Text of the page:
Be yourself

Don’t feel you have to use big words, be overly formal and use your ‘phone voice’. Laugh, and say ‘blooming’, cry (but don’t sob). Be yourself and it will be lovely!

Slow it down

The most common mistake people make is talking too fast. Pace yourself, go about half the speed you would when talking with friends. It feels unnatural but it sounds better. Script pauses and divide your speech so you swap your cue cards when you need to take a breath. Add a pause just after any mentions of the dearly departed. Also add one when you want people to laugh. If laughter doesn’t come you can literally ask for it with a ‘you’re meant to laugh there’. That, guaranteed, will get them giggling. Once you’ve got the guests laughing, don’t, under any circumstances, talk over it. Wait till the room is quiet again before you even raise your cue cards.

Look right

Yes, we know you’ll look blooming gorgeous but what we mean is look at the right people. Make eye contact with the guests throughout your speech and look at the relevant person when you’re addressing them personally (for example, when you’re thanking them or telling them how chuffed you are that they married you). Don’t look at anyone who has their phones out and are filming you. Those people you can ignore.

Remember your audience

There’s friends, strangers, grannies, work colleagues and even, possibly, children out there. There’s the traditionalists, the edgy ones and the ones who have been on the Bucks Fizz since 10 am. It’s difficult to tailor your speech to everyone’s sensitivities but there’s one key rule and that’s getting the comedy right. Everyone expects a bit of naughtiness but nothing overtly rude, crude and certainly nothing humiliating. Avoid in-jokes or ‘you had to be there’s. Save that for the bar later.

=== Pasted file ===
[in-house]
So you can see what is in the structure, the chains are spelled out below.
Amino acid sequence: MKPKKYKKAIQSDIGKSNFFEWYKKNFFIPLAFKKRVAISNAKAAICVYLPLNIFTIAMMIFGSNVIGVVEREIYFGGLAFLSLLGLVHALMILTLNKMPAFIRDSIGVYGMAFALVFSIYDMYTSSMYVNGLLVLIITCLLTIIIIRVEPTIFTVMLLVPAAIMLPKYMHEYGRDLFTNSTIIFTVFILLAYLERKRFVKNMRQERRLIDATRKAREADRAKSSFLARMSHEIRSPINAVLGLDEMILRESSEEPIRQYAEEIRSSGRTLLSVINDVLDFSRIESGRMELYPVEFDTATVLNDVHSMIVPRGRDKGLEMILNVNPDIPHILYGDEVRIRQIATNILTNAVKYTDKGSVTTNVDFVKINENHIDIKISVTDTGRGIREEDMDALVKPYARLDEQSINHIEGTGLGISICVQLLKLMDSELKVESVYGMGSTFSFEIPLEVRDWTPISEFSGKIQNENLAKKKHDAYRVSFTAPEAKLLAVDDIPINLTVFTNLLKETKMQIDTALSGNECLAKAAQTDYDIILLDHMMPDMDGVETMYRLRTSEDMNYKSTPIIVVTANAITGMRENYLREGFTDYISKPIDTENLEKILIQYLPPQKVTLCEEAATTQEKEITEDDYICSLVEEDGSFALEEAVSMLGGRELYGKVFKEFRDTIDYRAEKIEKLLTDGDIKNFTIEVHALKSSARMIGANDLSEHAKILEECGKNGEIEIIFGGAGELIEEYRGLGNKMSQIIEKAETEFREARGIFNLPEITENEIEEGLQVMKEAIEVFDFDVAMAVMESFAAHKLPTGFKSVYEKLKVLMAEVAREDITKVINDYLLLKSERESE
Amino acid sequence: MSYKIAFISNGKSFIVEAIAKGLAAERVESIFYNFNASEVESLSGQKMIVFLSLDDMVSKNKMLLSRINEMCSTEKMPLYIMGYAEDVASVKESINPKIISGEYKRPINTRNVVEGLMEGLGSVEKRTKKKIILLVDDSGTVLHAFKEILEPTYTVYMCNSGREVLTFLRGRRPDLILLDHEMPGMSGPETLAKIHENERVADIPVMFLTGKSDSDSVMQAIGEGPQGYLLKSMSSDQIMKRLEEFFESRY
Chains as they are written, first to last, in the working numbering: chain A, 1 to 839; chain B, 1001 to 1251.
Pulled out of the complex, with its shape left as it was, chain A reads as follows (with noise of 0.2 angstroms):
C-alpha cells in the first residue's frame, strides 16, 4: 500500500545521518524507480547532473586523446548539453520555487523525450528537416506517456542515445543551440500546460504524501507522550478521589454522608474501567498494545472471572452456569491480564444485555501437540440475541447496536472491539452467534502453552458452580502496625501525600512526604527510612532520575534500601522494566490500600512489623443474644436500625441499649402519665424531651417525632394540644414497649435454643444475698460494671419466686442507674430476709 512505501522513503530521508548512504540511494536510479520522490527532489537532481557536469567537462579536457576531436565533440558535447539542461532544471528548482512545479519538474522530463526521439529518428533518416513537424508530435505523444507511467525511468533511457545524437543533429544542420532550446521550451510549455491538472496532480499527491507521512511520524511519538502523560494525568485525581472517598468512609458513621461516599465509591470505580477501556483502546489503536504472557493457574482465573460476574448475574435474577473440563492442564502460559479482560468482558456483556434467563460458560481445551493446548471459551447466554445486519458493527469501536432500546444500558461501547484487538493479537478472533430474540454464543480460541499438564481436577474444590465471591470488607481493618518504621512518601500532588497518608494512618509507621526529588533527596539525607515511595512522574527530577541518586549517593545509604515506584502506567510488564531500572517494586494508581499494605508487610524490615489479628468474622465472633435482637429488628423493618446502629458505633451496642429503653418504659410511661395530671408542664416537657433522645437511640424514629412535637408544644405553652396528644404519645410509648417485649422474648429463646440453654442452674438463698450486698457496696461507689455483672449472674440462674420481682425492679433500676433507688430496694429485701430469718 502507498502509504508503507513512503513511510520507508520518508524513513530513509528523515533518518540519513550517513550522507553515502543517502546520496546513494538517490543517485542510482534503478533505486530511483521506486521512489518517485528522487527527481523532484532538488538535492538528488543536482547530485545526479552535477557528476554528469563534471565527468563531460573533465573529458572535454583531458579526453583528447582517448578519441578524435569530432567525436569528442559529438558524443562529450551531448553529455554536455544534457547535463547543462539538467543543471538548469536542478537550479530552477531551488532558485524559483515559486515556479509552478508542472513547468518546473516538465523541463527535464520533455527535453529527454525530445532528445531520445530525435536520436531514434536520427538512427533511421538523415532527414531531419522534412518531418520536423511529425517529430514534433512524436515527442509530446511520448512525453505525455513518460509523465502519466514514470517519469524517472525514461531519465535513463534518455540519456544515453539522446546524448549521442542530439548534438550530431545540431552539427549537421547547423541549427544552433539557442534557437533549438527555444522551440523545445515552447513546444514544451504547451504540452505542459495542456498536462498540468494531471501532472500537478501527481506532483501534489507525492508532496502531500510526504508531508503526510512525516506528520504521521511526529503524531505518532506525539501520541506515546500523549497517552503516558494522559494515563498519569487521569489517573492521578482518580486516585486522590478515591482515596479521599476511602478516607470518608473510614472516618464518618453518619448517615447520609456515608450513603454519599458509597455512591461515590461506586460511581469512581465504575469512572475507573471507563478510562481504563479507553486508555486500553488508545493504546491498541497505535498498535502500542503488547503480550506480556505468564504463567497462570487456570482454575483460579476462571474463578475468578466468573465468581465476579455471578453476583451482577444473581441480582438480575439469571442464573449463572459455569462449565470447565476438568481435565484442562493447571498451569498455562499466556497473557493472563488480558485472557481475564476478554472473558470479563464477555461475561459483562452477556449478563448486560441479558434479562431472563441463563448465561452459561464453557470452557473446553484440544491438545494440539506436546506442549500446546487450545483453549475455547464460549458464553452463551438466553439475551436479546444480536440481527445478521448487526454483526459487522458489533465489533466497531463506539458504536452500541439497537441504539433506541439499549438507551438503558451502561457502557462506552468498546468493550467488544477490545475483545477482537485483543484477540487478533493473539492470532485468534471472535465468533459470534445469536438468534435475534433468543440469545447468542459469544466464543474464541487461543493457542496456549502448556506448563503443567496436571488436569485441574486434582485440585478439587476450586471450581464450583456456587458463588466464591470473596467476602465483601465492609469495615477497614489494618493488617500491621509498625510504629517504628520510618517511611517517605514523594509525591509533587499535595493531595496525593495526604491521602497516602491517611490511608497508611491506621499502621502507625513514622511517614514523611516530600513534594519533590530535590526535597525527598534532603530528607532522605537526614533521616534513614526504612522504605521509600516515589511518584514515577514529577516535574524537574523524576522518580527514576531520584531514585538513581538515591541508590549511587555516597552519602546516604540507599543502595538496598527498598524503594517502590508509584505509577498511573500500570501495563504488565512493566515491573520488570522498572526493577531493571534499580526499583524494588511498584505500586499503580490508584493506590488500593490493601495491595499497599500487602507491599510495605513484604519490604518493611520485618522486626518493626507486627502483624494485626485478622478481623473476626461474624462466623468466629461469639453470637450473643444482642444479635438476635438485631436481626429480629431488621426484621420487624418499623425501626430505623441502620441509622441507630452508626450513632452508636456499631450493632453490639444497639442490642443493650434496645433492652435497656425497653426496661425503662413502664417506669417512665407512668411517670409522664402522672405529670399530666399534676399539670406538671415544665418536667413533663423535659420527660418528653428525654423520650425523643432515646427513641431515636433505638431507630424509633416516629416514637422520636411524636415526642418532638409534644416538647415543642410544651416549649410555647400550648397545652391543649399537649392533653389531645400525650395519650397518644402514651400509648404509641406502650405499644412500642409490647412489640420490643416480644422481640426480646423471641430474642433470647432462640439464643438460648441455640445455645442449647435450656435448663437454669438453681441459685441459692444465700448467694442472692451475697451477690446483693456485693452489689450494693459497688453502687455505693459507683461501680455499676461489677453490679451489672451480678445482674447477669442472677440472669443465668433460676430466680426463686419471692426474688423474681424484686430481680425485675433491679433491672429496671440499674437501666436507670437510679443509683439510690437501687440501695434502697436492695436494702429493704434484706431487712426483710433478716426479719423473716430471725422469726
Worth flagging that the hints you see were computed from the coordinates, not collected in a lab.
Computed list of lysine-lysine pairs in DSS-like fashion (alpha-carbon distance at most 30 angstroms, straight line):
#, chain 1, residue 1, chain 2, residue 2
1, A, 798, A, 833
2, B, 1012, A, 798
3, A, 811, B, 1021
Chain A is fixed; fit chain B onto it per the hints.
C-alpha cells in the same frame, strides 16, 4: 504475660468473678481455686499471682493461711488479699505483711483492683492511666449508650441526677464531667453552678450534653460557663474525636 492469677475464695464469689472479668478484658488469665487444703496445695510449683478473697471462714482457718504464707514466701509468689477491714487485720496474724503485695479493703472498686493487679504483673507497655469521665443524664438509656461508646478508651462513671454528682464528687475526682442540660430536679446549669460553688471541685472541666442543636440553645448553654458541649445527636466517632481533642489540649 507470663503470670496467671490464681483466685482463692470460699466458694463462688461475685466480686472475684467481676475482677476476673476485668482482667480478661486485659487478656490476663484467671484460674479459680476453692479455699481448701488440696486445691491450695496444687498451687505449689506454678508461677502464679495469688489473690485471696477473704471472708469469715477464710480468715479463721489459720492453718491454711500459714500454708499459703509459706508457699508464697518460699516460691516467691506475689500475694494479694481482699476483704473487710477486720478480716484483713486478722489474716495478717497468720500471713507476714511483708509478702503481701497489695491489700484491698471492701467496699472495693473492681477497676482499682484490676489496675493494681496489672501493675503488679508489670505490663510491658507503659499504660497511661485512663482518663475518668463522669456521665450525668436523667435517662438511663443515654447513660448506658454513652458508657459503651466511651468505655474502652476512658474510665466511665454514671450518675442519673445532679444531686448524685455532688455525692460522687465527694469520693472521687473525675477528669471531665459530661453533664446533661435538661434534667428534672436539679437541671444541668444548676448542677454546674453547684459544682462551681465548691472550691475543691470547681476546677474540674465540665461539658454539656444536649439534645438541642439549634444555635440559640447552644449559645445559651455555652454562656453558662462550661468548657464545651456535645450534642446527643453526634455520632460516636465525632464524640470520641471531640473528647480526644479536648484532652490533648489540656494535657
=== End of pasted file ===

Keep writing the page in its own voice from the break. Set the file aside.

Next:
Direct your toast

When it comes to delivering your toast, people need a bit of direction. Make clear if this is a personal toast (for example, the groom toasts his mum in the middle of his speech) by simply looking at the person it’s directed to. If you want the guests to join in a toast, you should look at the guests and tell them what to do, for example; “Please join me in drinking to my beautiful wife Laura’ and then turn towards the person or people being toasted as you name them again: “To Laura!”

Have a showstopper

Whether you’re the father of the bride, the groom or the bride, it’s nice to talk about love (kind of essential in fact). What’s really cool though is giving an illustration of it. For example, if the groom’s a rubbish cook he could reveal his first attempt at baking a Victoria Sponge for his wife (comedy or otherwise). Maybe the bride could present her husband the mythical Nando’s Black Card and a promise to keep things spicy. Or the father of the bride could give his vinyl collection to the newlyweds with the condition that they dance to one new 12 inch every week. It’s those sorts of things that turn a speech into a great one, and crucially, one that you’ll enjoy giving.